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Individual rights & freedoms

Discrimination based on sex, gender or sexual orientation

Access to shops, businesses and public places

Shops, businesses and other public places can’t discriminate against you

Human Rights Act 1993, ss 42, 44

It’s illegal for a business to refuse to deal with you or to treat you less favourably than other people because of your sex, gender or sexual orientation. This includes not just shops and restaurants and so on, but also banks, loan companies, and finance or insurance companies.

It’s also illegal for any business to refuse to let you enter their premises if it’s a place that’s otherwise open to the public – like a cinema or bus.

Even if there are separate toilet or changing facilities for men and women (this is legally allowed), you’re allowed to use the one that best matches your sex or gender identity.

In some countries, wedding businesses run by people with particular religious beliefs have been allowed to refuse to provide services for gay couples, and bakers have been allowed to refuse to put pride messages on cakes. This is not allowed in New Zealand: no-one has the right to refuse to serve any customer on the basis of sex, gender or sexual orientation.

See the chapter “Discrimination”.

Exceptions: When shops, businesses and public places can legally discriminate against you

Human Rights Act 1993, ss 42, 45–52

There are some exceptions where discrimination is legally allowed – here are some of the more common ones:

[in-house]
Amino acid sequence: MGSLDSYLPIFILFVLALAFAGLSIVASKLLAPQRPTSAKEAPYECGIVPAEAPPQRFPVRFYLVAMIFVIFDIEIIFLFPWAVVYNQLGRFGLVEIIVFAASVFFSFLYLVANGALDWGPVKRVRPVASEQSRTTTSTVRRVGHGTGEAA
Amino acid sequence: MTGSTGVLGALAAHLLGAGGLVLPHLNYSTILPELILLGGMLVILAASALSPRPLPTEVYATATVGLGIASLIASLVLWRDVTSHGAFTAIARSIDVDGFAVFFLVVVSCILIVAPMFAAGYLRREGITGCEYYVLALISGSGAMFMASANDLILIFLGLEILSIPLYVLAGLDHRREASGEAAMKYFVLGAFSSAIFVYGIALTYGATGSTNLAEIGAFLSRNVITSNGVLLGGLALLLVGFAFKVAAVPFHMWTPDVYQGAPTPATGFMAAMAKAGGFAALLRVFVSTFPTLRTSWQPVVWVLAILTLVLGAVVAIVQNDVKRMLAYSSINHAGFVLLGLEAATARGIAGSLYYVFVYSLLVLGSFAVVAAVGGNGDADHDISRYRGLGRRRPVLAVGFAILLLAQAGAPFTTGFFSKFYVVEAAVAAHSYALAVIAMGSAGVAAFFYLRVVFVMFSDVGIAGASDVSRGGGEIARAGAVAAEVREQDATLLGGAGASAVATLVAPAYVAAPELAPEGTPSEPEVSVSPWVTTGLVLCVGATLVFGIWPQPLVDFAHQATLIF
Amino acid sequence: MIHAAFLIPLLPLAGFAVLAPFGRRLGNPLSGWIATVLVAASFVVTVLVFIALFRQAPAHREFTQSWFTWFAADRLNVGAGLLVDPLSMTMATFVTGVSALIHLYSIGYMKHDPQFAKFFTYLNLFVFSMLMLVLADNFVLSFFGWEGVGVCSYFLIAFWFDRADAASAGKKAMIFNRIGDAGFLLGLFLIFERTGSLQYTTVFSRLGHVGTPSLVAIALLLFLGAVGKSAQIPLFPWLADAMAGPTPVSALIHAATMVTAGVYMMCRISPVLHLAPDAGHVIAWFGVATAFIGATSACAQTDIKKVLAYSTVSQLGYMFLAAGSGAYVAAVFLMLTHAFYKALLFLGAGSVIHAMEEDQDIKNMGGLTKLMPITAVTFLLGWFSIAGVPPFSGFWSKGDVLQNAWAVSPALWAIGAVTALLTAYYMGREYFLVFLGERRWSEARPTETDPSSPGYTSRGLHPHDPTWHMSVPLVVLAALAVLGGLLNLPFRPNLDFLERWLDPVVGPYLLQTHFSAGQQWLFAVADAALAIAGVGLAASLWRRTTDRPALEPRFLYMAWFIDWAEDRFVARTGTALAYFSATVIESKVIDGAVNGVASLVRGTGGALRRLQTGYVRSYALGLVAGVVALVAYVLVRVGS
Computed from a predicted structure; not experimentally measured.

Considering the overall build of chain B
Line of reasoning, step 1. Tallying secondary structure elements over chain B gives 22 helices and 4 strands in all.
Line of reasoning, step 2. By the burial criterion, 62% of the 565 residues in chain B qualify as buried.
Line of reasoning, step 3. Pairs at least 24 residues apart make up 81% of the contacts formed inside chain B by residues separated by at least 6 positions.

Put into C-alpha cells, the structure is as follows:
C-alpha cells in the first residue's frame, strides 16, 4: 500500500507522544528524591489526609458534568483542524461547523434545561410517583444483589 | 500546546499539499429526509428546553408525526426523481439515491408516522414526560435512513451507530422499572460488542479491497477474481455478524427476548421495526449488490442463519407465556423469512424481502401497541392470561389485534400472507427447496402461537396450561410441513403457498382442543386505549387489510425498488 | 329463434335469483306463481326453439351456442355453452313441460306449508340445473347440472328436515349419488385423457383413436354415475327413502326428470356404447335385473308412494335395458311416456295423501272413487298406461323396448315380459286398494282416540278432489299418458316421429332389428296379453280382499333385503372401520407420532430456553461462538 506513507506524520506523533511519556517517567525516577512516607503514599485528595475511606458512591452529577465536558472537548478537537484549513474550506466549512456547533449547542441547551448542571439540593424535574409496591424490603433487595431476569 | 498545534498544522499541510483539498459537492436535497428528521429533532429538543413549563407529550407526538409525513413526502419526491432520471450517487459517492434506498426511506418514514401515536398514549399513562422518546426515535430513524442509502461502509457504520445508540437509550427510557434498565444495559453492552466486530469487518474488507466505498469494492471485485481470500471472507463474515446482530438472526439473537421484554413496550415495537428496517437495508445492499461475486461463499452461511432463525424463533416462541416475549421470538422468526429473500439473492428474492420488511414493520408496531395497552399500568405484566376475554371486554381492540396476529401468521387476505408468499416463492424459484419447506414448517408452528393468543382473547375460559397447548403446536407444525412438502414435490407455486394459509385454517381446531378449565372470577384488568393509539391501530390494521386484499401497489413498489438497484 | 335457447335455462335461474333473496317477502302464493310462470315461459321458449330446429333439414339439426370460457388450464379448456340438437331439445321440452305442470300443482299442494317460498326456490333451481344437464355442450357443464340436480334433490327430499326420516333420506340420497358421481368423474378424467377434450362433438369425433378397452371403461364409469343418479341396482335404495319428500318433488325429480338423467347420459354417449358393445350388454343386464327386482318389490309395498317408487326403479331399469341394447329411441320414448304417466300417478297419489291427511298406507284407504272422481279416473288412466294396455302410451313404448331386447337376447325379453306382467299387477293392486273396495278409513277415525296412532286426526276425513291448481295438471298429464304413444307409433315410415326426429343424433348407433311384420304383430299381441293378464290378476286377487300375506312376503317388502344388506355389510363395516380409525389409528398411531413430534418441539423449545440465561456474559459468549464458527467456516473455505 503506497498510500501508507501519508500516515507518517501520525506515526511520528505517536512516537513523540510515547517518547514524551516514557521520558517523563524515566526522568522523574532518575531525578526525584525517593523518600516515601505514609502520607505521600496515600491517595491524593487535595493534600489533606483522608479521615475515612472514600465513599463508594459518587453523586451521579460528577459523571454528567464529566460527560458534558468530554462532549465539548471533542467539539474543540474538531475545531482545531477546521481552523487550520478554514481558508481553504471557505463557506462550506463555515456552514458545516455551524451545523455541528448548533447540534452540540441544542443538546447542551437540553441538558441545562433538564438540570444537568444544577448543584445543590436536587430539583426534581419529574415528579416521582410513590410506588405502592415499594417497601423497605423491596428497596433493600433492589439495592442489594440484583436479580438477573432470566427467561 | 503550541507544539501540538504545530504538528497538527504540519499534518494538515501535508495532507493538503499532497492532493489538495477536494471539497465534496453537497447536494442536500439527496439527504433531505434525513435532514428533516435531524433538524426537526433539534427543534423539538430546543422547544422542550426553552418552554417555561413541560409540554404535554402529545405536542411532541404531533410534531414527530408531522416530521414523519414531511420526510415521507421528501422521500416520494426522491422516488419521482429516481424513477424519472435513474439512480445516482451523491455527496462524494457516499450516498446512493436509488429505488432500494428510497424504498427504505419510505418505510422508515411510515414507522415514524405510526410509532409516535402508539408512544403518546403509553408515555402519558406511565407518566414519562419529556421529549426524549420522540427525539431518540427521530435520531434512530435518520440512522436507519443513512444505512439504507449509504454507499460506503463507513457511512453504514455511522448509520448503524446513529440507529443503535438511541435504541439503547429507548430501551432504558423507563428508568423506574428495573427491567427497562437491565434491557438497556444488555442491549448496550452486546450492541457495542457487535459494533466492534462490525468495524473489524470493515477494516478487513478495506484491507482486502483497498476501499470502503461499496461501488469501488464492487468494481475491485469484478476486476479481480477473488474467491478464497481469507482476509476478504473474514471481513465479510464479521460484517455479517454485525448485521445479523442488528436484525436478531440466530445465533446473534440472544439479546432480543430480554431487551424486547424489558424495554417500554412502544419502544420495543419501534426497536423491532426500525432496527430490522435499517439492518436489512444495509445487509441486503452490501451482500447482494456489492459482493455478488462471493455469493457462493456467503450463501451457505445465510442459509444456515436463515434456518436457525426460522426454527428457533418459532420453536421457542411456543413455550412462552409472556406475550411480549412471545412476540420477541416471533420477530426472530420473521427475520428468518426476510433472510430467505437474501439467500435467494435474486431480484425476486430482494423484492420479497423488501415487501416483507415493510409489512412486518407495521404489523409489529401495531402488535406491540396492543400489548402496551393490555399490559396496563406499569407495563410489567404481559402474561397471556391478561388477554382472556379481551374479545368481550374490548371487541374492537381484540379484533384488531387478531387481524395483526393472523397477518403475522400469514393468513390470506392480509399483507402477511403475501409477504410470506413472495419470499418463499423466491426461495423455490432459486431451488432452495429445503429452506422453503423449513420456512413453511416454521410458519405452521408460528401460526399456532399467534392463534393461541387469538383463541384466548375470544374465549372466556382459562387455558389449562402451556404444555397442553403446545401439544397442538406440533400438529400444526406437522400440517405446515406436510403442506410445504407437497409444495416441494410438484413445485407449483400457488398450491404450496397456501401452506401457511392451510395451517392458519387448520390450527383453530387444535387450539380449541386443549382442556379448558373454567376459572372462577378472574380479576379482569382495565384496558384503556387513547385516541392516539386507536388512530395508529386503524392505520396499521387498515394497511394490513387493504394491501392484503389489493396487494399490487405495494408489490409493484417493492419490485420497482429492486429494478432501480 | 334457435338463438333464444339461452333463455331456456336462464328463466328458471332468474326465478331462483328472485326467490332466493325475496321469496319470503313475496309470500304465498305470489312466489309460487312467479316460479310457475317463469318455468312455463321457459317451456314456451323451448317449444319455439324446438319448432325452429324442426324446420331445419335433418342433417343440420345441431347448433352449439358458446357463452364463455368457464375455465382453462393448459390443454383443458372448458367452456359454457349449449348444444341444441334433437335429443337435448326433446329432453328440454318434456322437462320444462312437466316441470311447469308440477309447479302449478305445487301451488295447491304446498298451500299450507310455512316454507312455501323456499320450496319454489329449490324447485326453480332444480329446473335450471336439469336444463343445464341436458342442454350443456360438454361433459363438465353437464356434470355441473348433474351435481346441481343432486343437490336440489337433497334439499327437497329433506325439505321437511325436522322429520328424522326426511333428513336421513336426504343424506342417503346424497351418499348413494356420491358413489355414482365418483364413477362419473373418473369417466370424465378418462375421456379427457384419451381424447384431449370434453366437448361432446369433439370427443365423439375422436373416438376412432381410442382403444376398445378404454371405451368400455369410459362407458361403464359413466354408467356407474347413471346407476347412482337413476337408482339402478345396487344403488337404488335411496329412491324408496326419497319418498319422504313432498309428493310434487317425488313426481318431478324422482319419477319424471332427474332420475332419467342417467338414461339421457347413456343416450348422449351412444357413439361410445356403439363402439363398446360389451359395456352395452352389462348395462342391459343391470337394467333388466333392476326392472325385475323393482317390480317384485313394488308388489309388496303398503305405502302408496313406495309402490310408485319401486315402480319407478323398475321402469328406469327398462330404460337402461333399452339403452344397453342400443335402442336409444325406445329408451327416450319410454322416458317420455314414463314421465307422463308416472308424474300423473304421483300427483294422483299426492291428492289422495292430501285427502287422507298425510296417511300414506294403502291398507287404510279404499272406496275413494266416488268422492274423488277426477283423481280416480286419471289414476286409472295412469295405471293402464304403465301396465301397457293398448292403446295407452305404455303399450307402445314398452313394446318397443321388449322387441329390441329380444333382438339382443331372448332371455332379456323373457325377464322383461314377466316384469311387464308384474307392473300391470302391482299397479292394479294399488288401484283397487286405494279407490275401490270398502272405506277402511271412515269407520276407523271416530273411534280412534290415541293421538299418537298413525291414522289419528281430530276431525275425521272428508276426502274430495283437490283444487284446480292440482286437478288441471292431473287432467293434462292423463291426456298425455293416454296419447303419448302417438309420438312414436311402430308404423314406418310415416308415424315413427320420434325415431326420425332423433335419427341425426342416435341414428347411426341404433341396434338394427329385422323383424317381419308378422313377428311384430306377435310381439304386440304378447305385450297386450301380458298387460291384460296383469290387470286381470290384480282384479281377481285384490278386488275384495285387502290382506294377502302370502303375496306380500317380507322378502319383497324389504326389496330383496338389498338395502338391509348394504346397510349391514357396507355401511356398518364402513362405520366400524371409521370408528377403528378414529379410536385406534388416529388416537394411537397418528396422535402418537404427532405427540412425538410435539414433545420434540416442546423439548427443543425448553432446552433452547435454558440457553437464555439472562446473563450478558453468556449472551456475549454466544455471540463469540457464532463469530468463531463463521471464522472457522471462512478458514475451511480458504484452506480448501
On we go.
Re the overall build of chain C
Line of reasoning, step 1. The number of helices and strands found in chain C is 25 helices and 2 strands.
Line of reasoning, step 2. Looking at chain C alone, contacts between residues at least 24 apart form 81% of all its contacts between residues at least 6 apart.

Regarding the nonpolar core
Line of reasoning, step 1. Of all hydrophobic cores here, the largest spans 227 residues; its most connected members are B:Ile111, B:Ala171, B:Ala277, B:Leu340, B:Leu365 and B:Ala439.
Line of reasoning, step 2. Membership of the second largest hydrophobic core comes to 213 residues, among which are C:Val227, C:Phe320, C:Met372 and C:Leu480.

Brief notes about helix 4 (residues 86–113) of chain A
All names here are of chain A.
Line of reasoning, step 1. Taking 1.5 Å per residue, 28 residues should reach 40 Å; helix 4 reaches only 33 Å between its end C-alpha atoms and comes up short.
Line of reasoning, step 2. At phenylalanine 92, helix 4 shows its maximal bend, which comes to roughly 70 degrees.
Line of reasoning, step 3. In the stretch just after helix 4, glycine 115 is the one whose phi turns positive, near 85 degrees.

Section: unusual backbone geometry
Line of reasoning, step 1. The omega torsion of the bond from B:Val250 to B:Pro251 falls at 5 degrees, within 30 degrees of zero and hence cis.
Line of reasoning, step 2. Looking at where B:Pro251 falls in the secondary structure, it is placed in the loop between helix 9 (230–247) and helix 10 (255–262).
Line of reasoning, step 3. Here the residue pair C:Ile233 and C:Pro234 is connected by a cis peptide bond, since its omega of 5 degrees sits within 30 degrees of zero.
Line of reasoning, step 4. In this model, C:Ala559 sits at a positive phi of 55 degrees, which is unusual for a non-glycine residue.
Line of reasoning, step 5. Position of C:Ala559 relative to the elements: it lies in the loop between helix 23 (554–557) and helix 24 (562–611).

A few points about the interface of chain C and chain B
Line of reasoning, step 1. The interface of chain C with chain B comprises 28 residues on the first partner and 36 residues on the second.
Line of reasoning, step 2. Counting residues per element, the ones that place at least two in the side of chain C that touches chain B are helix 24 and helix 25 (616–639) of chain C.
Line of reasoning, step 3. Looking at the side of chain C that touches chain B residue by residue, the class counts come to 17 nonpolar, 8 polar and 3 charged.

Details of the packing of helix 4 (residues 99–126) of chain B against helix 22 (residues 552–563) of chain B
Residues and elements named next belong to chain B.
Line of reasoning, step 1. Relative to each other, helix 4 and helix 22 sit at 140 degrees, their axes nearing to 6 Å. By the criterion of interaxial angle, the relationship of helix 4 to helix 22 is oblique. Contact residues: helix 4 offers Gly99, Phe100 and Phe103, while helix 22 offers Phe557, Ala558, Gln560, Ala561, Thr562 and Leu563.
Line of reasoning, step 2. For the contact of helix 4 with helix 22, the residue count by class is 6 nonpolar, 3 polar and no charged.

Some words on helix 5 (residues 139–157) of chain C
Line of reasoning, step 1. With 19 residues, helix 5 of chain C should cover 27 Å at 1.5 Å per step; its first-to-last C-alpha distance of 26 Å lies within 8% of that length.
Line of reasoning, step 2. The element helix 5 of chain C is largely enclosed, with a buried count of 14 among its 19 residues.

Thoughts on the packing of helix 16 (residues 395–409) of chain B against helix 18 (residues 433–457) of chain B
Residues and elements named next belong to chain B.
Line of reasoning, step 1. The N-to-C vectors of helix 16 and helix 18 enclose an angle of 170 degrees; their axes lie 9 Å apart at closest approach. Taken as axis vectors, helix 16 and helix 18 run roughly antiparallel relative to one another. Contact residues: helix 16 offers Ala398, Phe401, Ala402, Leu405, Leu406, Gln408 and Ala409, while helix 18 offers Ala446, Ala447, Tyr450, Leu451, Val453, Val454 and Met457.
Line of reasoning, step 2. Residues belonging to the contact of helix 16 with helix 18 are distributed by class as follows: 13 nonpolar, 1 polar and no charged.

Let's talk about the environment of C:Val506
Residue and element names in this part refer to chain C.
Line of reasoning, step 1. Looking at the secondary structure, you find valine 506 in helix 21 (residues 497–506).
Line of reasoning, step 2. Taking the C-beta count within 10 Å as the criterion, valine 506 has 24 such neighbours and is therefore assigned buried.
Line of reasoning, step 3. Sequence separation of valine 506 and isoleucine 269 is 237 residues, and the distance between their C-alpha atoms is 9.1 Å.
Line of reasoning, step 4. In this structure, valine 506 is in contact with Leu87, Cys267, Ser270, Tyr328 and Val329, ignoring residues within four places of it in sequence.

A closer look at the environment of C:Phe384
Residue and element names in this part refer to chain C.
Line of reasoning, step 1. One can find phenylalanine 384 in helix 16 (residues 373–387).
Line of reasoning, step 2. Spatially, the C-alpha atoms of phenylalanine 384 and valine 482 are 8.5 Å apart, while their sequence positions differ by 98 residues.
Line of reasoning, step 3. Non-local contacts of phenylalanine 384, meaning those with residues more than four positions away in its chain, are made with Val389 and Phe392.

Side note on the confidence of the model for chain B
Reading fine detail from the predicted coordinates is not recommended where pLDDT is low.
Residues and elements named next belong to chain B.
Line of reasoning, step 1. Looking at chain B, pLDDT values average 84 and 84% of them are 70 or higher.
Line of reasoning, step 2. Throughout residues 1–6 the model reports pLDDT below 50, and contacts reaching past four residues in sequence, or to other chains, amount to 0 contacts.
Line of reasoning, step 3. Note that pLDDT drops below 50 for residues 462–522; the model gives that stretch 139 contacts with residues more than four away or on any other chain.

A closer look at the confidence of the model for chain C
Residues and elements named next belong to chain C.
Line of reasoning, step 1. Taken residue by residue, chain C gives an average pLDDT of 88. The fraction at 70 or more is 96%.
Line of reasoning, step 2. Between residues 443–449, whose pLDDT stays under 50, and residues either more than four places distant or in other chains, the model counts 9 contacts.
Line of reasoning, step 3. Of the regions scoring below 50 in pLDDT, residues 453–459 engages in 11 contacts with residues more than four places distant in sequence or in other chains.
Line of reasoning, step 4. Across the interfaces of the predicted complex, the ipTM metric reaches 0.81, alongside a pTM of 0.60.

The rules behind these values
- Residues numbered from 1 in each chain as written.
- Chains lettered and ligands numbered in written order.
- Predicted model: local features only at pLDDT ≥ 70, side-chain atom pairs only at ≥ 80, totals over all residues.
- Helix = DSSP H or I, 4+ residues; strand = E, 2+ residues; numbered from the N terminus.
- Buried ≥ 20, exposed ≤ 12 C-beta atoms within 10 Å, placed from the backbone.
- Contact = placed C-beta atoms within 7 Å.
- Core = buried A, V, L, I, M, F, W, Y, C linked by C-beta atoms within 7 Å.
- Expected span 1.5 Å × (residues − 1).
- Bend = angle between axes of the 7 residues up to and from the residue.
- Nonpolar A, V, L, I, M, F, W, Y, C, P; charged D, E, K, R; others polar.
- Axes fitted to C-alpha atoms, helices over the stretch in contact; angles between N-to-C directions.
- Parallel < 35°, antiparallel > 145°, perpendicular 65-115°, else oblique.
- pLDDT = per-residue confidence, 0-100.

• Private clubs are allowed to choose new members on any basis. For their existing members, the usual rules about discrimination apply.
  • People who provide highly personal courses or counselling can exclude people based on their sex, gender or sexual orientation.
  • Insurance companies are allowed to offer different terms to people of different sexes as long as they have good statistical reasons.
  • Superannuation schemes can discriminate by sex if it’s “reasonable” and based on evidence.
  • Sports are allowed to restrict by sex or gender, but only if the strength, stamina or physique of competitors is relevant:
    • but that sex exception for sport doesn’t apply to children under 12, so there’s no right to refuse a child under 12 from participating in a sport because of their sex or gender
    • sports are also not allowed to discriminate when it comes to umpires, coaches, or administrators.
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Legal information

“Lag Law: Your Rights Inside Prison and on Remand” booklet

This booklet contains practical answers to common questions relating to prisoner rights, including transgender rights in prison. A useful guide for people going to prison, in prison, or getting out of prison and their whānau.

Community Law Wellington and Hutt Valley

Phone: (04) 499 2928

Email: publications@wclc.org.nz

Visit www.communitylaw.org.nz to buy a copy or access free

Rainbow Rights

www.rainbowrights.nz

Rainbow Rights is a website developed by Rainbow Youth and YouthLaw (a Community Law Centre) to provide legal information about rights for LQBTIQ young people.

Legislation NZ

www.legislation.govt.nz

This has all of New Zealand’s current Acts and regulations.

Law Society

To find a lawyer

www.lawsociety.org.nz